Q: I’ve been reading about the 4X training and am wondering if you have any advice on how to use it with a full-body three-days-per-week routine. I just started using the 4X method for each bodypart. I do one exercise per muscle. Monday I do chest, shoulders, back, bi’s, tri’s, abs, legs. Wednesday I do the same body parts but in a different order and using different exercises. The same goes for Friday. I take the weekend off. I’m drug-free, so I think I’ve been overtraining till now. I’m hoping that 4X will help spark some new gains.
A: That sounds like a great plan for building more mass. First, skeptical readers need to realize that three-days-per-week programs can do incredible things. We discuss the Colorado Experiment in Size Surge 2.0 and 3D Muscle Building, a four-week research project in which Casey Viator gained 60 pounds of muscle… [Read more…]
Q: I’ve been reading that testosterone is the key muscle-building hormone. Does the hormone boost come from intensity, more reps or what?
A: Arthur Jones, creator of Nautilus machines and the overseer of the Colorado Experiment that saw Casey Viator gain 60 pounds of muscle in only 4 weeks, always said that training legs hard can have a big “indirect muscle-building effect.”
What that means is that you could train your legs hard and see size gains in other muscles, such as [Read more…]
Q: At your suggestion, I’ve been including higher-rep sets in many of my workouts. I’m seeing much more size and vascularity. My question is, do sets of around 20 reps work because I’m getting growth in more slow-twitch fibers or are the fast-twitch ones getting larger as well?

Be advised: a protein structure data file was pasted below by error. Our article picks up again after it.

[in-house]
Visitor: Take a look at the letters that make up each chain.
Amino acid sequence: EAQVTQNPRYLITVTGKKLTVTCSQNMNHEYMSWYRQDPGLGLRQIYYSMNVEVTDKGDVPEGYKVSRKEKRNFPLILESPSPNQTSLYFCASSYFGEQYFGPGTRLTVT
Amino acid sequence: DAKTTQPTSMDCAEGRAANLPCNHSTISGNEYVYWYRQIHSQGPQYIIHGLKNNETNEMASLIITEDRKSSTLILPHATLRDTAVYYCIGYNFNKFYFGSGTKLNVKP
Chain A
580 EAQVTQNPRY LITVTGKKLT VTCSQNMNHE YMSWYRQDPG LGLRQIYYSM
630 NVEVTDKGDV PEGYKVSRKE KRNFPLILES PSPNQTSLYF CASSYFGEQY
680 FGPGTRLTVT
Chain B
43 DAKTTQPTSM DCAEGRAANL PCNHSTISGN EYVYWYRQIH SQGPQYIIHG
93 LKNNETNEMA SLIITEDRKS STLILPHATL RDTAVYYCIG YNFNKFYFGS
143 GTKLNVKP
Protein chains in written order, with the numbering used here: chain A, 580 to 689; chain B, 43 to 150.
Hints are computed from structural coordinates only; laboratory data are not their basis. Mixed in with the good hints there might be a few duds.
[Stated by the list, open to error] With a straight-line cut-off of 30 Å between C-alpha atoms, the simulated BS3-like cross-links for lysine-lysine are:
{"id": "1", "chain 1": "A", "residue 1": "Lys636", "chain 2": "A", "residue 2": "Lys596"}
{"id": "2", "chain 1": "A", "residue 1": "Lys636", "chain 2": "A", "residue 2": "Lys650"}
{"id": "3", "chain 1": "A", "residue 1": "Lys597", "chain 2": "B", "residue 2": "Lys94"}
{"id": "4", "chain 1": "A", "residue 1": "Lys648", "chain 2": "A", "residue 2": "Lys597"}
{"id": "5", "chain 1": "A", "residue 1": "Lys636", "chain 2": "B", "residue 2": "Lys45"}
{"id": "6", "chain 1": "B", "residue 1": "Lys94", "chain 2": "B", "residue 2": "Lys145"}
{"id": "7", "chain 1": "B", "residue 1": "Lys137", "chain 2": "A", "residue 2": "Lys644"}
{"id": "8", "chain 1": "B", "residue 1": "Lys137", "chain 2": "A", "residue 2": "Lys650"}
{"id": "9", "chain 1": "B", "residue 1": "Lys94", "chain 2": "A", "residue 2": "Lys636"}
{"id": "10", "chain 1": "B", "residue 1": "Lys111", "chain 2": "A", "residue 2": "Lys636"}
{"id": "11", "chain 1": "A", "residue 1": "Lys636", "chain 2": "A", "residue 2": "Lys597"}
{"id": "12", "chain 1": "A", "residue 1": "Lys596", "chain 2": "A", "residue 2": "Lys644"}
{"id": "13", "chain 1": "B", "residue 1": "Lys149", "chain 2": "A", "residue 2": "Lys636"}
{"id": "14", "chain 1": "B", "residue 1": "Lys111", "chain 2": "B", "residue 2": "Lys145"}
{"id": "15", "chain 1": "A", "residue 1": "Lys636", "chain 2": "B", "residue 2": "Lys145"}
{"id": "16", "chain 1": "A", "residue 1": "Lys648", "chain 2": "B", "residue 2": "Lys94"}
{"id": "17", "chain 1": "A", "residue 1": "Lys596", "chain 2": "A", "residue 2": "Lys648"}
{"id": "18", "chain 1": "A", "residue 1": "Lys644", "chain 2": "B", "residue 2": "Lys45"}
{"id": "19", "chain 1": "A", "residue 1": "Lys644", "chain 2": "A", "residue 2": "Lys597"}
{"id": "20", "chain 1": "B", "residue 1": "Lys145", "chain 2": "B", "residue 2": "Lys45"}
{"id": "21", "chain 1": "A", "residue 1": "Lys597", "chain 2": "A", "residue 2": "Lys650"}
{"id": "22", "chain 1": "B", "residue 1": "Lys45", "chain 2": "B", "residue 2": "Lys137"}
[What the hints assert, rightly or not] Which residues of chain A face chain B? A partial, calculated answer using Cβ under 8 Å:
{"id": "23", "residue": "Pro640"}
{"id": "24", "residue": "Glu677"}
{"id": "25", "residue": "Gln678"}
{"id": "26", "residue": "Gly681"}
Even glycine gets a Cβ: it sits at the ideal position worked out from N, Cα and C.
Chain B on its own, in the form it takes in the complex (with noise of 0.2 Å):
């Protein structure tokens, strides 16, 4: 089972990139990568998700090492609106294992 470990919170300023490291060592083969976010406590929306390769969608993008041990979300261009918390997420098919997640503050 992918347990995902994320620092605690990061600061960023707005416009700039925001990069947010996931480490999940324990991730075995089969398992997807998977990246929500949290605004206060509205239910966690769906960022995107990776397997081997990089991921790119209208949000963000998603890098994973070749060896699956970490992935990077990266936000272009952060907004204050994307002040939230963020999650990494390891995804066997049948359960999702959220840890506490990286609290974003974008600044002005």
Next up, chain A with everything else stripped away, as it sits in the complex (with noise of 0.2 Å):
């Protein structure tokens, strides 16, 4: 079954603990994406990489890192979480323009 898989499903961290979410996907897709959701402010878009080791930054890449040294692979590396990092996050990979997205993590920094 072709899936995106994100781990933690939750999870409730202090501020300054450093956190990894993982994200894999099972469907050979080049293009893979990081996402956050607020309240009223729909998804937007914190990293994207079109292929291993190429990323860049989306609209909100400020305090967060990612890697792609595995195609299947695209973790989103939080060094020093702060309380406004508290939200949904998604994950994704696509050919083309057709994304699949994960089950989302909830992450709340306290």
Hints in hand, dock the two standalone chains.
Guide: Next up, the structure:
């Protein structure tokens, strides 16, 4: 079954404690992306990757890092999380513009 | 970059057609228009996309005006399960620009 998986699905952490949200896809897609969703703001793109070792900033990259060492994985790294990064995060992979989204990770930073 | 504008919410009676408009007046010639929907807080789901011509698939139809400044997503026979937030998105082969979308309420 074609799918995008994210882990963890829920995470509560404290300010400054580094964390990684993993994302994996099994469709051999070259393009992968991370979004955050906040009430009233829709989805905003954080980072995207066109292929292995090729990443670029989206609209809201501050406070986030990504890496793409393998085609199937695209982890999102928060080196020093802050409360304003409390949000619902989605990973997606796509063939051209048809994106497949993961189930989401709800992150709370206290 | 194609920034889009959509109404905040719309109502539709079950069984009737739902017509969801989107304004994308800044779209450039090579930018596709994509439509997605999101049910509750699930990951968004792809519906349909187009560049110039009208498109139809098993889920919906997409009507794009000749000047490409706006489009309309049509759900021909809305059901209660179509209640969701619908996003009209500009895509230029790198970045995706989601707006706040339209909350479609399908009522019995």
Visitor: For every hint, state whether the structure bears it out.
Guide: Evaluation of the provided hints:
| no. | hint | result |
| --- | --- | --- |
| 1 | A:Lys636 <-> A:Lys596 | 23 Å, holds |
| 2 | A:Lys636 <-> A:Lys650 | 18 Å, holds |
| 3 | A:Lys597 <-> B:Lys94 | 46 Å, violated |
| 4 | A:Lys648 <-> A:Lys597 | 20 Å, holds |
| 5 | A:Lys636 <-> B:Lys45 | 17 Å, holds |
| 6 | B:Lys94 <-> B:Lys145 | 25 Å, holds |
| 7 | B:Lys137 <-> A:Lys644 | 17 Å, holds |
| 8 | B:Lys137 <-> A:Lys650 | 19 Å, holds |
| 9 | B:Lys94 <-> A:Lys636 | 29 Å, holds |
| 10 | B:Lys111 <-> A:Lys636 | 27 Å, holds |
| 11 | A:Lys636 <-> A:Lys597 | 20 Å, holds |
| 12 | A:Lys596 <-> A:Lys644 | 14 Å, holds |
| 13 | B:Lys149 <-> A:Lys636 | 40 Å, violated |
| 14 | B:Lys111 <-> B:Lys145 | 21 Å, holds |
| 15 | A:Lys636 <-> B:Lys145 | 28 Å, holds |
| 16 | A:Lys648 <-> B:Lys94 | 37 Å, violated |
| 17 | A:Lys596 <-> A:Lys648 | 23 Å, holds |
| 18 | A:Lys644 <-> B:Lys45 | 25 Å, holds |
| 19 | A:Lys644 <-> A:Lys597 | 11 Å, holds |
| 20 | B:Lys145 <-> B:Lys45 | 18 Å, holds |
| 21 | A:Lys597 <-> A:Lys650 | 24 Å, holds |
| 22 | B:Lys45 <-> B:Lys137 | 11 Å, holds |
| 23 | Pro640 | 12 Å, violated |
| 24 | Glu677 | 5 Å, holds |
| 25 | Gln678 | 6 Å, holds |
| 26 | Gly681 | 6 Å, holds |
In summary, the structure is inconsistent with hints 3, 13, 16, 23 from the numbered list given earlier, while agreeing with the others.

A: Yes, both—and as bodybuilders, we want to maximize ALL hypertrophic pathways, even size in the slow-twitch fibers. Higher-rep sets also give you anabolic hormone surges…
According to Brad Schoenfeld, Ph.D., who conducts studies on muscle hypertrophy,[Read more…]
Q: I just got the Size Surge 2.0 e-book (thanks for the great price). It’s excellent, but you don’t mention X Reps much. I know you said when Jonathan got his great results with the original Size Surge program, you hadn’t developed X-es yet. I’ve built a lot of mass with that technique, so should I include X Reps in either phase?
A: For the uninitiated, X Reps are short eight-inch partials at the end of a full-range set. We’ll give you an alternate end-of-set mass move in a moment, but first, here’s a quick explanation of X Reps… [Read more…]
Q: I just read a few of your articles about 3D Muscle Building, and you say some guy built 60 pounds of muscle in four weeks. Come on. I hate it when the impossible is touted as being the norm. That never happened, which is probably why you don’t show pictures of the guy. The only photos I see are Jonathan’s before and after. His 20 pounds of muscle in 10 weeks is impressive, but it’s a far cry from 60 pounds in a month. Got any pictures of the 60-pound gain? I didn’t think so.
A: We’re as skeptical as the next guy, but believe it or not, it did happen—back in 1971. It was called the Colorado Experiment, and it was Arthur Jones’ attempt at proving that his Nautilus machines and high-intensity training could build muscle very, very quickly (and we do have the pics; see below). [Read more…]